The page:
My first deer hunt (long read)

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Huh What
Huh What's picture
Joined: 08/21/2013

This is an autobiographical essay on my first deer hunt that
I wrote for an English composition class I had to take in college. This is the
way it happened, to the best of my memory, though it was 35 years ago. I was twelve at the time.



Snow had been falling since the previous evening, light and
fluffy, like wisps of cotton dropping from the gray sky. As I had crawled into
my sleeping bag, I could picture the flakes floating down, like paratroopers,
to join their compatriots on the ground. Each gave a little banzai shout as
they joined the assault. There were cars down there that needed to be stopped,
and these flakes were up to the job.


Sometime during the night, though, the sky had cleared, and
the temperature had dropped. Now, as I followed my father across the barren
meadow, through a white cloud of my own breath, virgin snow crunched under my
insulated winter boots. Above, the unnaturally clear sky was awash with stars,
and the northern lights writhed back and forth in brilliant streamers of color.
My father gave me a few minutes to marvel at it all through sleep encrusted
eyes before pushing me onward.


Each footstep seemed to echo in the pre-dawn silence, like a
blow from my father’s ax against the trunk of the old dead tree that had stood
behind the cabin until we had chopped it up for firewood. It seemed to me that
it was only my young steps that rang out, destroying the quiet, warning the
deer of our approach.


"Run," each crunch of my boots told the deer.
"Hunters are coming. Run and hide. Danger is near." From the
carefully neutral expression on my father's face when he glanced back at me, I
was sure that he agreed. I concentrated on walking as quietly as I could,
wincing each time the snow compressed beneath my boots. It was a Herculean task
made more difficult by the drifts of snow we had to navigate to reach the cover
of the trees. There we would find shelter from the biting wind. There we could
wait in ambush, hidden from the eyes of the forest critters.


This was what my father told me, and I believed him, despite
feeling completely conspicuous in my brand new, bright orange snowsuit. The
color was mandated by hunting regulations, so that other hunters wouldn't
mistake us for deer and shoot us. I couldn't understand how the deer could
possibly fail to notice us huddled down against the brilliant, white snow and
the dark green and brown of the fir trees.


"Deer are color blind," my father told me when I
asked him about it. I had my doubts, even though the orange clothes had been
required since before I was born and there never seemed to be a lack of
harvested deer loaded into the beds of pickups, and tied to the roofs of cars
headed south when the season was over.


I pondered this again while I followed my father to the
position he had selected for me; a stand right on the border between field and
forest. Not for the first time, I noticed how sinister the trees seemed, even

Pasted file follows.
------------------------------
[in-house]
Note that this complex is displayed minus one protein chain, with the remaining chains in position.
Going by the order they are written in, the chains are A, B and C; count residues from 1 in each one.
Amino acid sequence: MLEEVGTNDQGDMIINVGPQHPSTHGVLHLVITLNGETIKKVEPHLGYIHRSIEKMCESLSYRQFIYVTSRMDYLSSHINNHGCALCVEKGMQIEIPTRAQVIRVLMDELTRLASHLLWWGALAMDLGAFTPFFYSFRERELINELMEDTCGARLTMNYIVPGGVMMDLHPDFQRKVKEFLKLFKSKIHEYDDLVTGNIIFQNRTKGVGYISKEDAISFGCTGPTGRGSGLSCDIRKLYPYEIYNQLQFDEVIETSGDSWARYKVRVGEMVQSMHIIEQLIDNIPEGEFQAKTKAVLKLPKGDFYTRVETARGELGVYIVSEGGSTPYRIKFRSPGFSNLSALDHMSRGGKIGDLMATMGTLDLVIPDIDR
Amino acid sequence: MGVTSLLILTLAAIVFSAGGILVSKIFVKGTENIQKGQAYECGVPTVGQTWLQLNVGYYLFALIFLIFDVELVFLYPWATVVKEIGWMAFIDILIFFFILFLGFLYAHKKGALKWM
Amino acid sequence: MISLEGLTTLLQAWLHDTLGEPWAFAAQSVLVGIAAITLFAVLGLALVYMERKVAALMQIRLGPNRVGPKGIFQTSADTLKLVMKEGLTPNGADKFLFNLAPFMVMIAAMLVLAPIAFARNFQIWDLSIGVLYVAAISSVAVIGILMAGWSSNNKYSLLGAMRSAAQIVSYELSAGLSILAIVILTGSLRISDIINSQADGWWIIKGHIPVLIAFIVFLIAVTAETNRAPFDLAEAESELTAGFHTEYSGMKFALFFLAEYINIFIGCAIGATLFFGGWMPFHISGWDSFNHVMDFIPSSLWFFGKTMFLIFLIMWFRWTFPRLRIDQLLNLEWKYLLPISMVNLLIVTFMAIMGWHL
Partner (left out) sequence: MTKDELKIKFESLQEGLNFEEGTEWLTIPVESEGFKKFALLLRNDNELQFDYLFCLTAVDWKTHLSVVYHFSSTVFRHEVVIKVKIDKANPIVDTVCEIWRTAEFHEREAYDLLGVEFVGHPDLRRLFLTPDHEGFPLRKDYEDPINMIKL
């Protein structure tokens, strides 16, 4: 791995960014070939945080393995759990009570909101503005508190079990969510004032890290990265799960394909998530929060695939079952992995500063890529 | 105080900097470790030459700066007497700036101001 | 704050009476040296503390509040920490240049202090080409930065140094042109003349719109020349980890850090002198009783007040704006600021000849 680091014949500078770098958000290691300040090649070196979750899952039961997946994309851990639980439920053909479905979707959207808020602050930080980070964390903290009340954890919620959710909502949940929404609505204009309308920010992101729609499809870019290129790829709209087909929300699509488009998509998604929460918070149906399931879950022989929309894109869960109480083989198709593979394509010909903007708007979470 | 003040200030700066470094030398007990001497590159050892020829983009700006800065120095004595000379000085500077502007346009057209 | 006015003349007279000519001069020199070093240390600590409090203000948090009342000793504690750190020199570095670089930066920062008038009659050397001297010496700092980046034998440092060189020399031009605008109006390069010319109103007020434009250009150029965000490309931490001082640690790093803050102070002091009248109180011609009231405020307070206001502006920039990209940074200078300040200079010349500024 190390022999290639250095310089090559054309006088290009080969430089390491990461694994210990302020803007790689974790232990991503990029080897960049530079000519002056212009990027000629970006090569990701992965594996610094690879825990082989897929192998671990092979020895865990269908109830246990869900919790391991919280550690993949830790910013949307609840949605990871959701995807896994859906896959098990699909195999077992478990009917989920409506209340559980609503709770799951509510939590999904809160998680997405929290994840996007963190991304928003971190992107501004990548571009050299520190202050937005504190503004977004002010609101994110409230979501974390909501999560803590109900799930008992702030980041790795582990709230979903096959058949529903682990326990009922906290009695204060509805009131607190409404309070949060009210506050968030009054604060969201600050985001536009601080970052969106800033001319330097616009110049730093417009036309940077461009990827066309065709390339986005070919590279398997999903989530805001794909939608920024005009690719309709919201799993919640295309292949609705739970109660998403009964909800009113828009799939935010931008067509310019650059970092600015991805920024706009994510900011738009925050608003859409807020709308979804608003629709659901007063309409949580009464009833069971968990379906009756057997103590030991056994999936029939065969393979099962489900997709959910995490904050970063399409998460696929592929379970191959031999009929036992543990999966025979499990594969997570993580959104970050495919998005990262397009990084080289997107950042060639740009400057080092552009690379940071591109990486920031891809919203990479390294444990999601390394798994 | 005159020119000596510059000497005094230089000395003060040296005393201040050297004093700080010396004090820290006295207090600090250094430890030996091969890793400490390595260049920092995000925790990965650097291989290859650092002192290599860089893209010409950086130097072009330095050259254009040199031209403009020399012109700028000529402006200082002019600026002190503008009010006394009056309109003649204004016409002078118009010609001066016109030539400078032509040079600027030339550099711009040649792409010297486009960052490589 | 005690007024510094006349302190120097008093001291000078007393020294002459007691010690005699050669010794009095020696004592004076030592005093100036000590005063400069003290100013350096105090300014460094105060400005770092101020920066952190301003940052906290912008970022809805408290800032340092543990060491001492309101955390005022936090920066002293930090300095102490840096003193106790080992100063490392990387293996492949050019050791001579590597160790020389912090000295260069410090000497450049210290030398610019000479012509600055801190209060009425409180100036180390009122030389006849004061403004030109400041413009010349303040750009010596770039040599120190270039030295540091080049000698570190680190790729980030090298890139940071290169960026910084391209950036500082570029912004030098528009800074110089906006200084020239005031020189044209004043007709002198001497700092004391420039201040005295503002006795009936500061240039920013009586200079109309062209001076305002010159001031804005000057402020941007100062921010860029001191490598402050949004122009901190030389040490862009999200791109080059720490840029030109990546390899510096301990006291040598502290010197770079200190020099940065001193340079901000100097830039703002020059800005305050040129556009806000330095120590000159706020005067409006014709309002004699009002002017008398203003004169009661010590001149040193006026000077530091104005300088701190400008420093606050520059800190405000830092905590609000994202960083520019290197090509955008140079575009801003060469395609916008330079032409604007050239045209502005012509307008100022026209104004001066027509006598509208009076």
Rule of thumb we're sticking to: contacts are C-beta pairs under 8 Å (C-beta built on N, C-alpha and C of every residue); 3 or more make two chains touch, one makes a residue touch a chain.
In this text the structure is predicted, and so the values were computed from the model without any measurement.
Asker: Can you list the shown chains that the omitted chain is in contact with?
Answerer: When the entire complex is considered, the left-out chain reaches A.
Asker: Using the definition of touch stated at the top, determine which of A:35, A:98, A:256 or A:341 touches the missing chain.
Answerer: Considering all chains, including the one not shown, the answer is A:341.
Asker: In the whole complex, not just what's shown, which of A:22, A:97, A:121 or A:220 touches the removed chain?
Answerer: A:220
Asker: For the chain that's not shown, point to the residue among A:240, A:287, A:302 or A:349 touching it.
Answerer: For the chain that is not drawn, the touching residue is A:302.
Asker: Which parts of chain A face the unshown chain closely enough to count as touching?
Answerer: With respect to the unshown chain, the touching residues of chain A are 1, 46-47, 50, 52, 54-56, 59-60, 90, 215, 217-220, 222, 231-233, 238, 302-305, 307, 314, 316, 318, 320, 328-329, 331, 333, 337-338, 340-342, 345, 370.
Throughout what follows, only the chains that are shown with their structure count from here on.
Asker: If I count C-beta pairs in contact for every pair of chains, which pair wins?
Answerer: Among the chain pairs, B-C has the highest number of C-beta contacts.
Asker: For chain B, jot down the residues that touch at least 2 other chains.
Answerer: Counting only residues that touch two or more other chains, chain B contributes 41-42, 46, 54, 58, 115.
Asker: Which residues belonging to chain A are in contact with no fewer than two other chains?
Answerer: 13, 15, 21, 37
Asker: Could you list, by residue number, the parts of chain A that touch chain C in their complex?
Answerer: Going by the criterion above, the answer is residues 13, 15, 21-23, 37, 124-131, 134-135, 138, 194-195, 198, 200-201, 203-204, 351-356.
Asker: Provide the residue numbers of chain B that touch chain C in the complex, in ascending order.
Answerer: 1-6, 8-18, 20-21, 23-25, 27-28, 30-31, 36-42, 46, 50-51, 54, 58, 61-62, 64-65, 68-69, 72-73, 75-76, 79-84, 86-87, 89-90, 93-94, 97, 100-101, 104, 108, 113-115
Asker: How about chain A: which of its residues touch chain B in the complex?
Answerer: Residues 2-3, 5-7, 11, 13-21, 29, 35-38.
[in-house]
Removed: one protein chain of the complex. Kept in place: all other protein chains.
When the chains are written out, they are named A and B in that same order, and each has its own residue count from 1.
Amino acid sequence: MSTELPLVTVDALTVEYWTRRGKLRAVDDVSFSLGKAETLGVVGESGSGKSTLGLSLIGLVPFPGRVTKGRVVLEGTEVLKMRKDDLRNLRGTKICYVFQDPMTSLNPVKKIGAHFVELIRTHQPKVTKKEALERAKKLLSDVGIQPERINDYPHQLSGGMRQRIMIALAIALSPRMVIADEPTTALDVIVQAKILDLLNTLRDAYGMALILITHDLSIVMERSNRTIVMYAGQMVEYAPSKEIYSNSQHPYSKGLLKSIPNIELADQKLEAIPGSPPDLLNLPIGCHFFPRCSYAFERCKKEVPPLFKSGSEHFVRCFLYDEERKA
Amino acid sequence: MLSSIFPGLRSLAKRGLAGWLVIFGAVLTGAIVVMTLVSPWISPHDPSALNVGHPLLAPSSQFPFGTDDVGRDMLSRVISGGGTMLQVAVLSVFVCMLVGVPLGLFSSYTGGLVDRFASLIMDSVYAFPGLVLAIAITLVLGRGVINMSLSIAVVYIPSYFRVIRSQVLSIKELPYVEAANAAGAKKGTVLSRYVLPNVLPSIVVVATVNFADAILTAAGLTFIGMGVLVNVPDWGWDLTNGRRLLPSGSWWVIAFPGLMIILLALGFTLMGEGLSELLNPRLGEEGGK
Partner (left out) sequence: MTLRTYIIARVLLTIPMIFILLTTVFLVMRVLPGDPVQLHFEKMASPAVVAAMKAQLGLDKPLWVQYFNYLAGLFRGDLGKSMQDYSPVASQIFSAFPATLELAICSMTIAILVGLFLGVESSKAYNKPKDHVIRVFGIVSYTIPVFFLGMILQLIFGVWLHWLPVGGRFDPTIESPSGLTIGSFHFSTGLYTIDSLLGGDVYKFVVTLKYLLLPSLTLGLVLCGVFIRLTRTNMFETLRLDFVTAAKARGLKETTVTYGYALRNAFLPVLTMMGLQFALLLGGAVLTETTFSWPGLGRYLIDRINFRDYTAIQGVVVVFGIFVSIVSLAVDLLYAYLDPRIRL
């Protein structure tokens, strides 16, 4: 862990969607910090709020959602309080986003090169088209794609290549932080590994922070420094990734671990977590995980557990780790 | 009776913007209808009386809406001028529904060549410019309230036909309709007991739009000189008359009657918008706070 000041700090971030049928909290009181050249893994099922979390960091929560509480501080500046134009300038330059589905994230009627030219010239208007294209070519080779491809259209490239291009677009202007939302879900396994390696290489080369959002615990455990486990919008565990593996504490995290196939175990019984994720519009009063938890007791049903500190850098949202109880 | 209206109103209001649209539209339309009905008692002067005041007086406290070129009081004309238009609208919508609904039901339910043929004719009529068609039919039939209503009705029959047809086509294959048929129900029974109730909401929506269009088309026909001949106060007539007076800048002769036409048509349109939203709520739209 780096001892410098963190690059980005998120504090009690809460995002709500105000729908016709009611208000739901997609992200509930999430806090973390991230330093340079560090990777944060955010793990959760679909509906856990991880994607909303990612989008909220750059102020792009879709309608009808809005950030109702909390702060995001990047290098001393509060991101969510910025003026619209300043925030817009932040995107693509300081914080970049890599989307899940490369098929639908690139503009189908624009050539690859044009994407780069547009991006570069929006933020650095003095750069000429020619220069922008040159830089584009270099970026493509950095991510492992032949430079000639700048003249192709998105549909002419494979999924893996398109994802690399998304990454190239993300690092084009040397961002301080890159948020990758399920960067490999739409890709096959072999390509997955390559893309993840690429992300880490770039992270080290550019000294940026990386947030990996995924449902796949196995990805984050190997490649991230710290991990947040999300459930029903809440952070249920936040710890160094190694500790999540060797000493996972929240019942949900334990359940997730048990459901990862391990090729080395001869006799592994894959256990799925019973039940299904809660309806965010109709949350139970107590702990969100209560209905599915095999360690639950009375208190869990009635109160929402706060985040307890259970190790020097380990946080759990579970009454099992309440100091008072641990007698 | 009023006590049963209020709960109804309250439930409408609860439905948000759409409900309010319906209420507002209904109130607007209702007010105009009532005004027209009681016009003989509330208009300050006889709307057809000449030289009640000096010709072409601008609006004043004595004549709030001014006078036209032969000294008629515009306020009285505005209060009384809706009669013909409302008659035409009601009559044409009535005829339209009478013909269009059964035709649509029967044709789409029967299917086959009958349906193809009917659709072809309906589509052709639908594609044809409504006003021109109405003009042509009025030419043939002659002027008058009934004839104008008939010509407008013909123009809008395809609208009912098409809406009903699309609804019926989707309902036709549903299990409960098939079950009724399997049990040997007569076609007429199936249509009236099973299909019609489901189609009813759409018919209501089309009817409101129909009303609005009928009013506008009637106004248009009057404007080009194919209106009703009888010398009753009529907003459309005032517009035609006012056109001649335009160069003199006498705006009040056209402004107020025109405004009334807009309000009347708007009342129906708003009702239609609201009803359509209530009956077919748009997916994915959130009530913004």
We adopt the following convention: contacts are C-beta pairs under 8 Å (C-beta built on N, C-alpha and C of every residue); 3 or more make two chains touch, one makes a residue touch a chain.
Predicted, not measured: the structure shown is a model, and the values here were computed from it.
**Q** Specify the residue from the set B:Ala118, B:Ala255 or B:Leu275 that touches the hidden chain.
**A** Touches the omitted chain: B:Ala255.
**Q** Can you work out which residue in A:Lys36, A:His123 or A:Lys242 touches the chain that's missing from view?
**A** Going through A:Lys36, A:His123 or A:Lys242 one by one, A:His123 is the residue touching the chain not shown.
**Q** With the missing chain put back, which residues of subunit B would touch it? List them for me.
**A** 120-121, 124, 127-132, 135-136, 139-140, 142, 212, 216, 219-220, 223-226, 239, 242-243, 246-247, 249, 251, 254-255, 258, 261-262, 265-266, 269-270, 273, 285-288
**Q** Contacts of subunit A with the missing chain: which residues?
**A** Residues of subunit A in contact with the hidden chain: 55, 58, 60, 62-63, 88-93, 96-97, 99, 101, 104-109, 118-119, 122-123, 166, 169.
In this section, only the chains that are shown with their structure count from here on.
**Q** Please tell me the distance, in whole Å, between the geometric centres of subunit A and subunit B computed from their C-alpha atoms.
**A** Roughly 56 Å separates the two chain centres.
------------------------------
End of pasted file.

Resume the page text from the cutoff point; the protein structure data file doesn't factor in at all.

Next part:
now, with the sky turning from black to deep blue, and a hint of rose along the


In southern Wisconsin, where we lived, the trees had actual
leaves that they dropped in the fall. During the summer the woods were dark and
shaded, providing cool refuge from the blazing sun. Come the fall, when the
trees shed their leaves in a blaze of color, the woods opened up, the light
spilling through the bare branches. It was as if the forest was trying to hold
onto every bit of the wan, winter sun, preserving a feeble memory of the lost


The northern forests, on the other hand, were mostly pine.
They were dark, foreboding and spiny, like ill-tempered porcupines. They never
dropped their needles, preferring to keep the secrets of the forests hidden
from the light of day. They put forth an aura of menace, seeming to say
"Keep away. There are things in here that you were never meant to
see." Even the snow didn't like the pine trees, quickly sliding from the
branches, falling to the ground below in great heaps.


During the summer, my parents were quick to warn us about
straying into the woods so far as to lose track of the forest road. To do so
was sure to leave us wandering lost until we died of thirst and starvation, or
a rescue party found us. Of course, if I believed my brother, there were worse
things in the woods than starving. His tales fed me a steady diet of lions, and
tigers, and bears, and it wasn't hard to believe while standing at the forest
verge, staring into the depths of the darkness.


A soft hiss caught my attention, reigning in my wandering
mind. My father stood, staring at me from beneath bushy, raised eyebrows.
Caught up in the memory of my brother's tales, and the aura of sullen
resentment from the forest, I had failed to notice my father stopping. I had
walked several steps past him. He sighed, quietly, and pointed to a large
outcropping of granite sticking up from under the snow.


"Stay low, keep your eyes and ears open, and your mouth
shut. Don't fidget about," He whispered at me. It was advice I had heard
for the last six months, ever since I had expressed an interest in joining the
hunt, and my father had actually taken me seriously.


"I know," I said, much too loudly.


"Quiet. There are other hunters out here besides you.
They would like a chance at getting a deer." I felt my face turning hot